NASA to Test Space Shuttle Fuel Tank

NASA Delays Shuttle Launch to January After Fuel Sensor Glitch
In the late afternoon shadows, space shuttle Atlantis is still poised on the pad after its launch on mission STS-122 was postponed on Dec. 6, 2007. (Image credit: NASA/George Shelton.)

NASA willrefill the space shuttle Atlantis' large external tank next week in hopes ofisolating a sensor glitch that foiled two attempts to launch an orbital constructionmission this month, the agency's shuttle chief said Tuesday.

Wayne Hale,NASA's space shuttle program manager, said a team of engineers will outfitAtlantis' 15-story fuel tank with new monitoring equipment and then fill itwith super-cold propellant on Dec. 18 to better understand why some fuelgauge-like sensors failed during the shuttle's launch attempts.

"Wehave hopes that it will yield the definitive location of our problem andthereby allow us to solve it," Hale said of the test in an afternoonteleconference.

Three ofthe four fuel gauges, known on enginecut-off sensors, in the liquid hydrogen portion of Atlantis' external tank failedstandard checks during the shuttle's first launch attempt last Thursday. Whenthe problem resurfaced on Sunday, NASA postponed Atlantis' mission to deliver a newEuropean-built lab to the International Space Station (ISS) to no earlierthan Jan. 2.

"We'regoing to go find out where this problem is, whether it's the sensors, thewires, the connectors, what have you," said Hale, adding that otherengineering teams will perform bench tests of individual circuits in parallelwith the fueling test.

During textweek's test, engineers will splice in monitoring equipment into circuits forthe four erratic hydrogen sensors and a fifth sensor that detects when the tankis about 5 percent full, Hale said.

Theapproach uses the same tools as those used on Earth to find breaks in telephoneand cable television lines, and will hopefully trace where the glitchis hiding among the 100 feet (35 meters) of wiring between the fuel tanksensors and an electronics box inside Atlantis, he added.

The methodhas been used with empty shuttle external tanks in the past, but Tuesday's testwill mark the first on a tank that is fully fueled with more than 500,000gallons (1.9 million liters) of super-cold liquid hydrogen and liquid oxygenpropellant. Unlike past fueling tests, engineers will be on Atlantis' launchpad to help monitor the new equipment, Hale said.

Based on1960s technology developed for NASA's Apollo moon missions, the engine cut-offsensors are designed as a backup system to shut down a space shuttle's threemain engines before their external tank runs dry of propellant. If the engines continueto fire without fuel, they could rip apart and cause catastrophic damage, NASAhas said.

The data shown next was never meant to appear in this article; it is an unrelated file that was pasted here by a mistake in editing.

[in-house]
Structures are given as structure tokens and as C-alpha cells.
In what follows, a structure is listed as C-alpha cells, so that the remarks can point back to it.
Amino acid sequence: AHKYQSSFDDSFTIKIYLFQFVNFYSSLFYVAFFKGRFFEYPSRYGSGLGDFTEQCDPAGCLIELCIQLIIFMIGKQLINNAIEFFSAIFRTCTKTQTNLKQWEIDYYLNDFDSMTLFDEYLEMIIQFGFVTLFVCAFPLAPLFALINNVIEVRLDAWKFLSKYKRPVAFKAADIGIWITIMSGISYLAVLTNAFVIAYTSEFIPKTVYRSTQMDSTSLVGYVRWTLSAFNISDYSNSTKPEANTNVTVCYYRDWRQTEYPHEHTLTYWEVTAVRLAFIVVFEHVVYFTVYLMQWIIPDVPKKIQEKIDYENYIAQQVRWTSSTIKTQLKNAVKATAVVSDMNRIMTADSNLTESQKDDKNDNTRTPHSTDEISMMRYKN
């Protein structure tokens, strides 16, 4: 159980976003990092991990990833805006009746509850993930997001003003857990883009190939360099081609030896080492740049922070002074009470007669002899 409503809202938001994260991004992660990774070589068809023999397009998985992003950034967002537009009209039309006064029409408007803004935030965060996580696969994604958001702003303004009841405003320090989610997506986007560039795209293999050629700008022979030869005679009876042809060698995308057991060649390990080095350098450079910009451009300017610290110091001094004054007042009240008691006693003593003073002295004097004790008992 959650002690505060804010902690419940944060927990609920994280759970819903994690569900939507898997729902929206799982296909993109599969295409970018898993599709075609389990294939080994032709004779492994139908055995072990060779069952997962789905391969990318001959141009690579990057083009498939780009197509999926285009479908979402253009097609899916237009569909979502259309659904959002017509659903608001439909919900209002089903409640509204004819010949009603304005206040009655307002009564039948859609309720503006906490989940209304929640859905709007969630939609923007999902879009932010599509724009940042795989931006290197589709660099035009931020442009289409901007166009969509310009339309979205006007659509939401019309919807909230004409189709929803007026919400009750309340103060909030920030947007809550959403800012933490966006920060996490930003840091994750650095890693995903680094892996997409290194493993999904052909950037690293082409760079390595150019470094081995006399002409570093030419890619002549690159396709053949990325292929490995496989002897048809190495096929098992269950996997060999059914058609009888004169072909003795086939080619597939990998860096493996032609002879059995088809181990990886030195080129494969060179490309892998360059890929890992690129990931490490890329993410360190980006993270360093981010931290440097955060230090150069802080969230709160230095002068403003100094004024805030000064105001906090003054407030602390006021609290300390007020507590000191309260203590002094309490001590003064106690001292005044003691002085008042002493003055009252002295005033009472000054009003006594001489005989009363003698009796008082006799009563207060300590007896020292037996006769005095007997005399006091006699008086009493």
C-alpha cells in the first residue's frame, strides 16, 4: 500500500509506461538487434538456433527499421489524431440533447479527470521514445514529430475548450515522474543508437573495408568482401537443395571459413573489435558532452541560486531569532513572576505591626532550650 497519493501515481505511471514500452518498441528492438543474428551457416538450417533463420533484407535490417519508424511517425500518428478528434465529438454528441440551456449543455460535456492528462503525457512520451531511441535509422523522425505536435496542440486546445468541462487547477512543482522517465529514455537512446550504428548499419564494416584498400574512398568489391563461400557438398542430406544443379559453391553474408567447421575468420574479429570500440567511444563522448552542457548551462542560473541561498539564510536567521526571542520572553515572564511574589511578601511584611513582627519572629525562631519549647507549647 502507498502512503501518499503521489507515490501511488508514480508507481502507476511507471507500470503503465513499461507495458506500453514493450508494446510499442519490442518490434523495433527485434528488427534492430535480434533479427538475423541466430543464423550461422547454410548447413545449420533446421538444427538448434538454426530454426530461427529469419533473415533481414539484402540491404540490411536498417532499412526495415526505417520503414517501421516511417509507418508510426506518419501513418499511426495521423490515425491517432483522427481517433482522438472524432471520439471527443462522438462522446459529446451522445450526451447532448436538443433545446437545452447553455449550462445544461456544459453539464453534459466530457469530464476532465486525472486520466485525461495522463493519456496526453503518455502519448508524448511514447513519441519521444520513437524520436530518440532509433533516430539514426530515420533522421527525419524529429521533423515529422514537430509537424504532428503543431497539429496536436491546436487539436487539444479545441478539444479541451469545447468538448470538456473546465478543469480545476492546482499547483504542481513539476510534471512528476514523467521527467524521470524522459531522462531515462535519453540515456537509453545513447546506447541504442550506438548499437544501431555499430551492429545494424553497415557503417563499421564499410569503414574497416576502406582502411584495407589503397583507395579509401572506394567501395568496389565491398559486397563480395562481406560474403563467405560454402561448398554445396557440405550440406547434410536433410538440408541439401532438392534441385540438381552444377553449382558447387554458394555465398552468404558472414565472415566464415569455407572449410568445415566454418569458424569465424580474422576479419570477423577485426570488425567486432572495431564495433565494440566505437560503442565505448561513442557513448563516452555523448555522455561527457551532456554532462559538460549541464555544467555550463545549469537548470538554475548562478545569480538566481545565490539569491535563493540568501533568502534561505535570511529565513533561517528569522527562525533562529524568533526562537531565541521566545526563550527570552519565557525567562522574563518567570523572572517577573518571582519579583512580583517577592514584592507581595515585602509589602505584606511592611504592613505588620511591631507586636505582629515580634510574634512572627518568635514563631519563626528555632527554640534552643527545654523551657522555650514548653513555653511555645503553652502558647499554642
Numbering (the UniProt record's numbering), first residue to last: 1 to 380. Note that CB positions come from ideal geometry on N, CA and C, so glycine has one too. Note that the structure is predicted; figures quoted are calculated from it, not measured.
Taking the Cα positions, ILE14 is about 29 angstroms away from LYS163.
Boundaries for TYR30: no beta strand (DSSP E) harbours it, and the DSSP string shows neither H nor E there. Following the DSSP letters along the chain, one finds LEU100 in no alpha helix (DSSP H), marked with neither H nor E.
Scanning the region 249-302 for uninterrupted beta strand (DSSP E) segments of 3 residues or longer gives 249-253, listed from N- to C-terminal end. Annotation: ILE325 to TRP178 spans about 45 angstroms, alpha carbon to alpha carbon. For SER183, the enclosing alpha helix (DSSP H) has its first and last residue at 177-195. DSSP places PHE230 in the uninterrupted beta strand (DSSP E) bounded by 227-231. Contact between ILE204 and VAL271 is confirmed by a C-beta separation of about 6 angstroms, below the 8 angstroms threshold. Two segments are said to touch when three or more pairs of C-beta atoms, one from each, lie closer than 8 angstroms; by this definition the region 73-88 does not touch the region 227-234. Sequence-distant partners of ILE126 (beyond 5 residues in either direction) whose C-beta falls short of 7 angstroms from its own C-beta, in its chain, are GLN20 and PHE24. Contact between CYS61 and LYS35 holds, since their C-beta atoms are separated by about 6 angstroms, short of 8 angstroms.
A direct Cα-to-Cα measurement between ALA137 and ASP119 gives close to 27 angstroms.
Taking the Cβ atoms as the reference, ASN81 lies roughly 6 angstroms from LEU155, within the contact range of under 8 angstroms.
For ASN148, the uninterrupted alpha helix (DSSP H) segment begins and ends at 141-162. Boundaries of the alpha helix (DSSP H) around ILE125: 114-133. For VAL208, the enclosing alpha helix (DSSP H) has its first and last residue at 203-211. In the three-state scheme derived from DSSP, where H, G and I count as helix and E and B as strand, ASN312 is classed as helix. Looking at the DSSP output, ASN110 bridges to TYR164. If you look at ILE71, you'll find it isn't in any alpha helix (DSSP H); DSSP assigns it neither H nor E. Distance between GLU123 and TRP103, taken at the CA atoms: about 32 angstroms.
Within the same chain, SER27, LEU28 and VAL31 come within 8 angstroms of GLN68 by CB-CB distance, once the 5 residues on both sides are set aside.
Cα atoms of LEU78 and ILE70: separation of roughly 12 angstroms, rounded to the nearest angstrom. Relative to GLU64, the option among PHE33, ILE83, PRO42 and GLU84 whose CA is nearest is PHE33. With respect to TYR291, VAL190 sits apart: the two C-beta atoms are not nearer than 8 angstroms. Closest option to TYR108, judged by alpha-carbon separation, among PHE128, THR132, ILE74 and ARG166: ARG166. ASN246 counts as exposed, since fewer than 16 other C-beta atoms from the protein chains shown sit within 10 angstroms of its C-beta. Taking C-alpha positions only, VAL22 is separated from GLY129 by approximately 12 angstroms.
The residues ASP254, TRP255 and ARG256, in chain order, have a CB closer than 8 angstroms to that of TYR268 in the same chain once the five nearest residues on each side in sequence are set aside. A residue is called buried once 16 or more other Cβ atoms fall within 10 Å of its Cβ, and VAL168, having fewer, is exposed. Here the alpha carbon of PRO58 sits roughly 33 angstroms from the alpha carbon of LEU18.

Intermittentglitches with the sensors have afflicted NASA shuttle launch attempts since2005, when the agency resumed orbiter flights following the Columbia accident, mostrecently in September 2006.

Engineerstraced the malfunctions to what appeared to be faulty connectors on somesensors, replaced them with a new batch and installed a set of voltage monitorsthat ensure the new devices work properly. But the source of the glitch'sreappearance aboard Atlantis remains an enigma.

NASA hopesto root out the sensor problem once and for all before forging ahead with theup to 12 planned shuttle missions to complete the ISS, as well as one more toupgrade the Hubble Space Telescope. The agency is facing a looming September2010 deadline to complete the ISS and retire its three-shuttle fleet.

"Untilwe come to the bottom of this mystery, that we are in no better shape forlaunching any other orbiter and any other tank than we are with this orbiterand tank," Hale said. "So we need to find the solution."

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Tariq Malik

Tariq is the Editor-in-Chief of and joined the team in 2001, first as an intern and staff writer, and later as an editor. He covers human spaceflight, exploration and space science, as well as skywatching and entertainment. He became's Managing Editor in 2009 and Editor-in-Chief in 2019. Before joining, Tariq was a staff reporter for The Los Angeles Times covering education and city beats in La Habra, Fullerton and Huntington Beach. In October 2022, Tariq received the Harry Kolcum Award for excellence in space reporting from the National Space Club Florida Committee. He is also an Eagle Scout (yes, he has the Space Exploration merit badge) and went to Space Camp four times as a kid and a fifth time as an adult. He has journalism degrees from the University of Southern California and New York University. You can find Tariq at and as the co-host to the This Week In Space podcast with space historian Rod Pyle on the TWiT network. To see his latest project, you can follow Tariq on Twitter @tariqjmalik.